Animal rescue charity National Animal Welfare Trust (NWAT) has issued a few reminders and tips for people traveling with dogs over the summer holidays, citing the results of a survey is reminding people of their responsibilities when it comes to dog travel following a survey carried out on dog owners.
Dogs die in hot cars
This should be common knowledge, but sadly no summer goes by without dogs being left in hot cars owners who are unaware of the risks. At 22 degrees outside, a car interior can reach 47 degrees within one hour – and keeping an open window or parking in the shade doesn’t help much. It could result not only in your dog’s death, but also in prosecution under the Animal Welfare Act.
Secure your dog
The NAWT has found that one in five dogs would are not restrained inside the car they’re traveling into, despite the Highway Code asking drivers to ensure a dog is kept secure with a crate, guard or harness, so as “not to cause a distraction to the driver and to protect them and their animal if there is an emergency stop”. Many car insurance policies have the same requirement, but only 7 per cent of those surveyed stating they know what their insurance says. Make sure to secure your dog to avoid injures, and to read through your insurance policy before traveling, to avoid nasty surprises.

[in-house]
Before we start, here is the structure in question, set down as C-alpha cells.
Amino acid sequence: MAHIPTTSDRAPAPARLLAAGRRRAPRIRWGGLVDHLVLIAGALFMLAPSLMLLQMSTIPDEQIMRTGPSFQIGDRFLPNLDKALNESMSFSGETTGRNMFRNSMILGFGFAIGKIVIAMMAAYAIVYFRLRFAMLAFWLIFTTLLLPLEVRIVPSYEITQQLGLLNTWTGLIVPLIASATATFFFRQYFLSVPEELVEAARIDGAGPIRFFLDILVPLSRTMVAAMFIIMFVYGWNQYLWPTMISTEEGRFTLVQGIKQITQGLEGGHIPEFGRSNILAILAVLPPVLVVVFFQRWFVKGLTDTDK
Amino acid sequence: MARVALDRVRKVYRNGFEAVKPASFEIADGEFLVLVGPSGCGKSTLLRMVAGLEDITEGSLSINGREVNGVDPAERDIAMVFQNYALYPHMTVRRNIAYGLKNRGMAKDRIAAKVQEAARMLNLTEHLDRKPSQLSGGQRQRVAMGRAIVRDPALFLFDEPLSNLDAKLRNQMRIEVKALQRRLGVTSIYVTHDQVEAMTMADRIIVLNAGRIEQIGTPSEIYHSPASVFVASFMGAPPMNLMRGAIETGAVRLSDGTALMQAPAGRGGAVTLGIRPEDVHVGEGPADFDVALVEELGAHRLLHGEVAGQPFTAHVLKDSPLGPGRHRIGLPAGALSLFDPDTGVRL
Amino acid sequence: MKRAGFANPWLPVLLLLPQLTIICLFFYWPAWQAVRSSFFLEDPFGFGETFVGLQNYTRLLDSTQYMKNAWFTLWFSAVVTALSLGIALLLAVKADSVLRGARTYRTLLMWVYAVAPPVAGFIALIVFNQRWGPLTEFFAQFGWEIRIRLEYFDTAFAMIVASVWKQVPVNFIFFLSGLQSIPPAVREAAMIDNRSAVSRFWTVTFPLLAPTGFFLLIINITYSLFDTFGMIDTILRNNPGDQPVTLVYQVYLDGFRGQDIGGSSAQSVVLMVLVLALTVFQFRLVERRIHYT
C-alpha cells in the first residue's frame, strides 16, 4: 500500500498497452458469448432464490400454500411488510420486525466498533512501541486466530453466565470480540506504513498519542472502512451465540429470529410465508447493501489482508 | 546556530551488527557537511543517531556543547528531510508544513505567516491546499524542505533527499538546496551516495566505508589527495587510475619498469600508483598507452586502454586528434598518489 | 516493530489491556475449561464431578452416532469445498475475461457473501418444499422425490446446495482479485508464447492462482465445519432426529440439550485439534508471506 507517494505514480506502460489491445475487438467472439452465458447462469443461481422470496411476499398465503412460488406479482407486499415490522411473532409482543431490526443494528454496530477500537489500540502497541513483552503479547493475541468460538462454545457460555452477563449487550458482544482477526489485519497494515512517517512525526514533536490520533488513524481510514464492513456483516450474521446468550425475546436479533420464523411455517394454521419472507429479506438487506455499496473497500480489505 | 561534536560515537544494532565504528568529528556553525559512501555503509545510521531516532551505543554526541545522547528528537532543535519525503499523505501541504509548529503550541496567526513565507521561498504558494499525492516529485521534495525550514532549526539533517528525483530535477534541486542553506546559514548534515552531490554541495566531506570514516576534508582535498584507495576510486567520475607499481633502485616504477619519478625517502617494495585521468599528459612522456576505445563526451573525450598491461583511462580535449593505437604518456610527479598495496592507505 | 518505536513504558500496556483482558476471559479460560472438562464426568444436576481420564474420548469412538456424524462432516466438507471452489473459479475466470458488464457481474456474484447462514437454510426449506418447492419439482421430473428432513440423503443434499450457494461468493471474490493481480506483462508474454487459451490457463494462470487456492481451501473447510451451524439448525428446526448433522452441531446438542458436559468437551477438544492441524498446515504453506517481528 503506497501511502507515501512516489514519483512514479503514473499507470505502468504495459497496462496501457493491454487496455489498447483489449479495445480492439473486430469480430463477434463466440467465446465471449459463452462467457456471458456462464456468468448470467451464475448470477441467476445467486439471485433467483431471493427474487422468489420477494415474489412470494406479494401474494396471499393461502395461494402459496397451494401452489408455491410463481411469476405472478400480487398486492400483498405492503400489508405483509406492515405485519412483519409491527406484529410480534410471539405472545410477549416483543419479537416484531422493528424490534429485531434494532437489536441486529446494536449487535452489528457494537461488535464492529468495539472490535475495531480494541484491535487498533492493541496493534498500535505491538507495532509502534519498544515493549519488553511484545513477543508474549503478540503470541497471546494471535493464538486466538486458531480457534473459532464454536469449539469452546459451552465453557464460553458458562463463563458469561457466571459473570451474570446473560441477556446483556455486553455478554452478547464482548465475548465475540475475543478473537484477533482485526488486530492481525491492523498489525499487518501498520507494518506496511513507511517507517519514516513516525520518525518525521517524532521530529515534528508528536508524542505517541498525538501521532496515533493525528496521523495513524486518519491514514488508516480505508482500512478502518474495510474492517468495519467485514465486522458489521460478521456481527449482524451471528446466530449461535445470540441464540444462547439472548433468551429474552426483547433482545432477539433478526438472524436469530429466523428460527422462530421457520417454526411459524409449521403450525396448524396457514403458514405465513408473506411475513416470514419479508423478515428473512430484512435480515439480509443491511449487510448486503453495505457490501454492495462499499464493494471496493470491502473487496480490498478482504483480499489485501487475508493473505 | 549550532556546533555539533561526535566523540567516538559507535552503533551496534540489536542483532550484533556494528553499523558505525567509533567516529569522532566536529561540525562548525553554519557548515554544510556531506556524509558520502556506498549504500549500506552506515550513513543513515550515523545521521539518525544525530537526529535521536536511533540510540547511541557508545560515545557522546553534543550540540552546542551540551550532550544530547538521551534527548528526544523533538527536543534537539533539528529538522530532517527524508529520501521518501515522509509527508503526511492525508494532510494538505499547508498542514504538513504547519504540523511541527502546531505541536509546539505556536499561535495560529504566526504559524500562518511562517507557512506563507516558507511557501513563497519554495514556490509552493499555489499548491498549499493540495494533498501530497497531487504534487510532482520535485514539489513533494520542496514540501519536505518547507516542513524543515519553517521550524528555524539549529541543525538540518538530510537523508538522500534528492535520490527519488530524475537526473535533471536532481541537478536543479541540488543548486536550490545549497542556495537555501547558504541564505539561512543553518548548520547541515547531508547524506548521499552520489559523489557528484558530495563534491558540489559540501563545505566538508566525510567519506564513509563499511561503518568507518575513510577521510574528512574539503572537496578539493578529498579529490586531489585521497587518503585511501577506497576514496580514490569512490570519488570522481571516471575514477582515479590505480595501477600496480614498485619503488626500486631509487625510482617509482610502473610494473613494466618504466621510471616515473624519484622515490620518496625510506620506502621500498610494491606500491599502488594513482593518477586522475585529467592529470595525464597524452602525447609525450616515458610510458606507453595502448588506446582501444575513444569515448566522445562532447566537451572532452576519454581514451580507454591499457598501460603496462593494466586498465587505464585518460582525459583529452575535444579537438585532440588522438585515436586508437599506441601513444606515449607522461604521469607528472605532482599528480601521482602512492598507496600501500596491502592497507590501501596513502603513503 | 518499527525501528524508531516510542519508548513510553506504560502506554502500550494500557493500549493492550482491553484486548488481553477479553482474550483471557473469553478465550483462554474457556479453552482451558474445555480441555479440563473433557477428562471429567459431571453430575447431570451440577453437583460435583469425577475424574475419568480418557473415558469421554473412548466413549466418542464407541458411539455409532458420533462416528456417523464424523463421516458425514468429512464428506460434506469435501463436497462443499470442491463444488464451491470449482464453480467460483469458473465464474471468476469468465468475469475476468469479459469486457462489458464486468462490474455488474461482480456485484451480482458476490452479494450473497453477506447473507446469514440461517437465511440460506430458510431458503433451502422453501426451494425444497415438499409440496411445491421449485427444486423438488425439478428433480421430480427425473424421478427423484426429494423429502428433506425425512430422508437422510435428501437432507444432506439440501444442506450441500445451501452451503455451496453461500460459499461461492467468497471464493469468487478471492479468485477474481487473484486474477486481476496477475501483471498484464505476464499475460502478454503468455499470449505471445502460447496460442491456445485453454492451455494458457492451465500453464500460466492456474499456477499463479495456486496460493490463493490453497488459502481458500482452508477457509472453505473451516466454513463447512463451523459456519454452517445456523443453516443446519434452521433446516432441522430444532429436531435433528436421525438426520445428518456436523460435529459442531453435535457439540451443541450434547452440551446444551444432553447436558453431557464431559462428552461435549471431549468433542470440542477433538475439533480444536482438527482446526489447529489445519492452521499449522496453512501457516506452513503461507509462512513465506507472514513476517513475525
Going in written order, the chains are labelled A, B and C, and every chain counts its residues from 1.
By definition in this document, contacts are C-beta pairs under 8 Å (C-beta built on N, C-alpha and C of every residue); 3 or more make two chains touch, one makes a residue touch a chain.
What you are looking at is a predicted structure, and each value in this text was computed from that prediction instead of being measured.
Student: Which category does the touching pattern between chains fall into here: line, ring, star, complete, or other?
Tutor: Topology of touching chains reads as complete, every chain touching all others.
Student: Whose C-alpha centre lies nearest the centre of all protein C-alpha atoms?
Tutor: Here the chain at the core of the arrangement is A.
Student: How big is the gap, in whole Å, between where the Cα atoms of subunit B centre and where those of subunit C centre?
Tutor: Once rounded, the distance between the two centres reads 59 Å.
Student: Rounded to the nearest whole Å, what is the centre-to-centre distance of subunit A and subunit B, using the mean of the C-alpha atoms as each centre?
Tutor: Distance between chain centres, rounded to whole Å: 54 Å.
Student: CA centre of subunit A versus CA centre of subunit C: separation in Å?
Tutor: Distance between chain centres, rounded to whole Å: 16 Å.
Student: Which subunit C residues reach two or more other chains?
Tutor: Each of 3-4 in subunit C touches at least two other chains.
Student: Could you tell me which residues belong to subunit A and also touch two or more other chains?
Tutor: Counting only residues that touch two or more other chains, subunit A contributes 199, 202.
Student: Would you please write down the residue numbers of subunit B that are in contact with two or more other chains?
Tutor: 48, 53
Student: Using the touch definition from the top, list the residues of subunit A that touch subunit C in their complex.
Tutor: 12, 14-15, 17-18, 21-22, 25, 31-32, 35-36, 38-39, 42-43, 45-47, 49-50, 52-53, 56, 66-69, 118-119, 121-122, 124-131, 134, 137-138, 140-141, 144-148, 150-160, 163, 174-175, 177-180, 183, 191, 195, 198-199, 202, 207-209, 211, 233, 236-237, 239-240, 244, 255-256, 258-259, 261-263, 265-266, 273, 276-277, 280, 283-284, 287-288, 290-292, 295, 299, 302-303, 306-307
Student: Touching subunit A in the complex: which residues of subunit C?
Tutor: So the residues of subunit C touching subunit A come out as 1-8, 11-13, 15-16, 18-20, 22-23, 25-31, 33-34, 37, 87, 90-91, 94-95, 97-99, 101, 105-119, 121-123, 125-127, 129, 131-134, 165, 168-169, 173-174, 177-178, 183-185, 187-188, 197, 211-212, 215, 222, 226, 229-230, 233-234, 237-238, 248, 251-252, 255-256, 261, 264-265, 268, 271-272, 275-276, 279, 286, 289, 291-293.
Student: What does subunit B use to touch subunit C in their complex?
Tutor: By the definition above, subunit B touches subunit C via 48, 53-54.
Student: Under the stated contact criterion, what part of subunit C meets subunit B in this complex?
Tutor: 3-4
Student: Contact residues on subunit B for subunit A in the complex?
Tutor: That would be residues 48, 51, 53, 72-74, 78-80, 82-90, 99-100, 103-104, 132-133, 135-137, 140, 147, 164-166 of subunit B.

Know your emergency breakdown cover
While 88 per cent of respondents said they are covered in case of an emergency breakdown, many emergency recovery companies leave it up to the discretion of their employees to decide how your dog can travel in the event of a recovery. This means your dog may have to remain in your vehicle on the recovery truck or if being towed – or even outright refused.
NAWT CEO Clare Williams said, “Given summertime is a peak season for road travel, we wanted to warn people about the potential road blocks in their way with regard to their next trip. Most of us regard our pets as family members so be prepared for any unwelcome surprises by checking your legal responsibilities, your insurance and make sure your dog is secure while travelling.”
You can download the NAWT infographic here.